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…That such a world-beating ship was created in an Irish city was astonishing. But then Belfast was a new kind of Irish place. It had grown at a phenomenal rate, surging past Dublin in 1891 to become Ireland’s largest city, and then growing by another 35 per cent in the last decade of the 19th century alone…
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Shortly after noon on 31 May 1911, a huge crowd gathered at the Harland and Wolff (H&W) shipyard at Queen’s Island in Belfast Lough for the launch of the great transatlantic liner, Titanic. Among them were many of the workers who had built her. This admission ticket belonged to David Moneypenny, a ship’s painter who worked on the first-class quarters. For him, for his colleagues, for Belfast and for Protestant Ulster, this was a moment of extraordinary accomplishment. Titanic was at the leading edge of twentieth-century technology.
That such a world-beating ship was created in an Irish city was astonishing, but then Belfast was a new kind of Irish place. It had grown at a phenomenal rate, surging past Dublin in 1891 to become Ireland’s largest city, and growing by another 35 per cent over the rest of that decade.
Titanic was built on an existing foundation of industrial and technological superlatives: in 1899 H&W had launched the world’s largest ship, the Oceanic. Belfast also had, as Jonathan Bardon notes, the world’s ‘largest rope works, tobacco factory, linen spinning mill, tea machinery works, dry dock and aerated water factory’. There was no chance that southern Ireland, lacking this kind of globally significant industry, could have produced Titanic—it belonged to an imperial and industrial world. Its creators were largely Protestant—2000 Catholics worked in the shipyard but they were not part of its official story: the ship was universally hailed as a ‘great Anglo-Saxon triumph’.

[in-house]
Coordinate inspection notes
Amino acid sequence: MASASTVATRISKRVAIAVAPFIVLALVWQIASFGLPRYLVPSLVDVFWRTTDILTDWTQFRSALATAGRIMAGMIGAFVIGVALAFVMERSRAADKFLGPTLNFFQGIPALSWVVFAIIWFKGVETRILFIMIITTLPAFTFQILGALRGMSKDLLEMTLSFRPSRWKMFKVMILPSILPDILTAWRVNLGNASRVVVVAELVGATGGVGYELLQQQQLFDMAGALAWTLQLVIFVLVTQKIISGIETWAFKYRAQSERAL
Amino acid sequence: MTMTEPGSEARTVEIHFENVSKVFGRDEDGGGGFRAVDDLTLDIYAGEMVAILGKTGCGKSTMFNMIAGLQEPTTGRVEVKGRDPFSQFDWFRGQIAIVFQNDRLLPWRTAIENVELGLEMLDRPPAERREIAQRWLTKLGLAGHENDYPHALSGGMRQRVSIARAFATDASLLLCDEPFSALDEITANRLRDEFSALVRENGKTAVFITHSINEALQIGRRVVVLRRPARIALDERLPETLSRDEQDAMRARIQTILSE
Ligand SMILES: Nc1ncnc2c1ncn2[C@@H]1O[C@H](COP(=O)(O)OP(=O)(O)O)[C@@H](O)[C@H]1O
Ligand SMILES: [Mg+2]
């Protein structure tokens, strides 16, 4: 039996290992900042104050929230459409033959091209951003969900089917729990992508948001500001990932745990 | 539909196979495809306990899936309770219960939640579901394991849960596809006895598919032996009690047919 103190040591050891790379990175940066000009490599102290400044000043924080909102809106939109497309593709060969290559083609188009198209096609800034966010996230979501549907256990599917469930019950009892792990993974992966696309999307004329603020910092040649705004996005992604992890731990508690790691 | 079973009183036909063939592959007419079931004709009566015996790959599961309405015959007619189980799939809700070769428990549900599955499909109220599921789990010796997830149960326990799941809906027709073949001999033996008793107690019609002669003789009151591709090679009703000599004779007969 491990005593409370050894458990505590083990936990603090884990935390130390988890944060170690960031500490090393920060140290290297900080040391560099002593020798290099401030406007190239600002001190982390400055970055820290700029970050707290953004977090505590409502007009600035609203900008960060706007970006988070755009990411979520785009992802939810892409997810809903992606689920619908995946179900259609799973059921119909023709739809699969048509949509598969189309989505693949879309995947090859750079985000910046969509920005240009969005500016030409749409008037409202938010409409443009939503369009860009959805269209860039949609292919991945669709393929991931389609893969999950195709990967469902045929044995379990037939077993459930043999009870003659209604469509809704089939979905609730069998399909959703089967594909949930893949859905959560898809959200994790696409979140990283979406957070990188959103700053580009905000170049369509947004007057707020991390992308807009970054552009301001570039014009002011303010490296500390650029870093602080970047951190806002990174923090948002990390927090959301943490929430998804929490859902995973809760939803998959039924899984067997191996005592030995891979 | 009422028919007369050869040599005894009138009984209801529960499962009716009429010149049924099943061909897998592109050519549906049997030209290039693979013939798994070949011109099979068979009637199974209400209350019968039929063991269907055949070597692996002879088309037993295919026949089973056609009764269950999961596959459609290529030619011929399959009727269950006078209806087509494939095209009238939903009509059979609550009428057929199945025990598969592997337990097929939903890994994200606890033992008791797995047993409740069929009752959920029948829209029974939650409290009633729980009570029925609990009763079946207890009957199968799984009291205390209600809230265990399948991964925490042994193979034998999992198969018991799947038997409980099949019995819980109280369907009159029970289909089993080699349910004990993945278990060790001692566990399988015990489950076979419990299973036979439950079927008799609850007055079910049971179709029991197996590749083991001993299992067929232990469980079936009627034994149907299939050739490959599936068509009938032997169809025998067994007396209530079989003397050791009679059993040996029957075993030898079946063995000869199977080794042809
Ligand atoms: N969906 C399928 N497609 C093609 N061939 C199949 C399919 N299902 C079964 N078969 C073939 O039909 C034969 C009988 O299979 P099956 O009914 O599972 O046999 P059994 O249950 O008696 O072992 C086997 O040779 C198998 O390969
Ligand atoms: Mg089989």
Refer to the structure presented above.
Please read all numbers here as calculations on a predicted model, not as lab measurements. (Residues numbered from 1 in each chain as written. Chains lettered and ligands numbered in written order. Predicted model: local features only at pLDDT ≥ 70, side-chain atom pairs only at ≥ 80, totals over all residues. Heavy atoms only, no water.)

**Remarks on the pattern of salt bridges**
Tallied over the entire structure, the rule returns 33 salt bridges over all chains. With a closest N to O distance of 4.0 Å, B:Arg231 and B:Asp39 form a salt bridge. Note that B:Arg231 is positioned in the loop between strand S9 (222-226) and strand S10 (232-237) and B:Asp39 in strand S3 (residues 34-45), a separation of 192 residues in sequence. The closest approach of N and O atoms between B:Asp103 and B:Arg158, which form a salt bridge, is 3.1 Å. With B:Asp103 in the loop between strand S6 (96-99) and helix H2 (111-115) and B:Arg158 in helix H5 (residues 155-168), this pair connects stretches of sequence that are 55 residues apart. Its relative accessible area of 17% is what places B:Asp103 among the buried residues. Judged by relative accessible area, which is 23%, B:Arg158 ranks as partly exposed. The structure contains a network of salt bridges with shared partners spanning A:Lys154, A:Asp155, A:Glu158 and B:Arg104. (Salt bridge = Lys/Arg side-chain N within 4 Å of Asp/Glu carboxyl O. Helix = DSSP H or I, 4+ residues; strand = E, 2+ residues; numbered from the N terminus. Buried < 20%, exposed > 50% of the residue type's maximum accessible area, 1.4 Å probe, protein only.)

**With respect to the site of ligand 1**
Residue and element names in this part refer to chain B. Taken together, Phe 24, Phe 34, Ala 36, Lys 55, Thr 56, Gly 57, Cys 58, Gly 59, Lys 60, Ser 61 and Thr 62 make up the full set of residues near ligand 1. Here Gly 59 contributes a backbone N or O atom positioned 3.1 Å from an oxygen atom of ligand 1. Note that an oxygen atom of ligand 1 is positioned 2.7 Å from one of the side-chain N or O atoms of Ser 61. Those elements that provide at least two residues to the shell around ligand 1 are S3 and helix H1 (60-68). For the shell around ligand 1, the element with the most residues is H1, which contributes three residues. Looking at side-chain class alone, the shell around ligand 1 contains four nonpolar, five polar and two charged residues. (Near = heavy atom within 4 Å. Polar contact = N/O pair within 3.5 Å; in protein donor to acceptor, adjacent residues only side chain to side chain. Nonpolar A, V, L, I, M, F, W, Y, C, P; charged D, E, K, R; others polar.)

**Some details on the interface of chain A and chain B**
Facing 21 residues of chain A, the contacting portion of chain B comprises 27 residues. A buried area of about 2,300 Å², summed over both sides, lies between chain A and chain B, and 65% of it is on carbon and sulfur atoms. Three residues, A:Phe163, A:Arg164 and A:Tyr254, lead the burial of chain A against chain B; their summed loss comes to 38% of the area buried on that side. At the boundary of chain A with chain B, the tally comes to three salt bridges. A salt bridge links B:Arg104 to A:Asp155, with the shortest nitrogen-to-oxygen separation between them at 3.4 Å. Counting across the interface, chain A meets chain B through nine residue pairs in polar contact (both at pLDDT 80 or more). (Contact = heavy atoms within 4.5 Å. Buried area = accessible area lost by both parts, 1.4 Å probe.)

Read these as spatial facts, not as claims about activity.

With the industrial north-east so deeply integrated into an imperial economy, it was never likely that the idea of a Home Rule Ireland, dominated by agricultural interests and heavily influenced by the Catholic church, would be easily sold to the Protestants who built Titanic. Indeed, Titanic herself came to be represented in popular culture through two quite different versions of Ireland. One was the steerage-class emigrants among the 1500 who drowned on the early morning of 15 April 1912 when the great ship sank on her maiden voyage. The other was an Ulster Protestant identity, in which that tragedy seemed to foretell a wider doom, an almost apocalyptic sense of threat. Three days after Titanic sank, the third Home Rule Bill was introduced into the House of Commons in London. Three months later, vicious and organised assaults forced all Catholics out of the shipyards.
On 28 September, 237,000 men and 234,000 women, from all classes of Protestant Ireland, signed the Ulster Covenant or an associated declaration, committing the men to ‘using all means which may be found necessary to defeat the present conspiracy to set up a Home Rule Parliament in Ireland’. In January 1913, the Ulster Unionist Council, under Dublin-born Edward Carson, decided to organise 100,000 signatories of the covenant into an Ulster Volunteer Force and to train them in the use of firearms. These events created two paradoxes: a violent loyalist rebellion against the state to which it pledged its allegiance, and an Irish nationalism appealing to the idea of a unified nation whose existence was anything but obvious.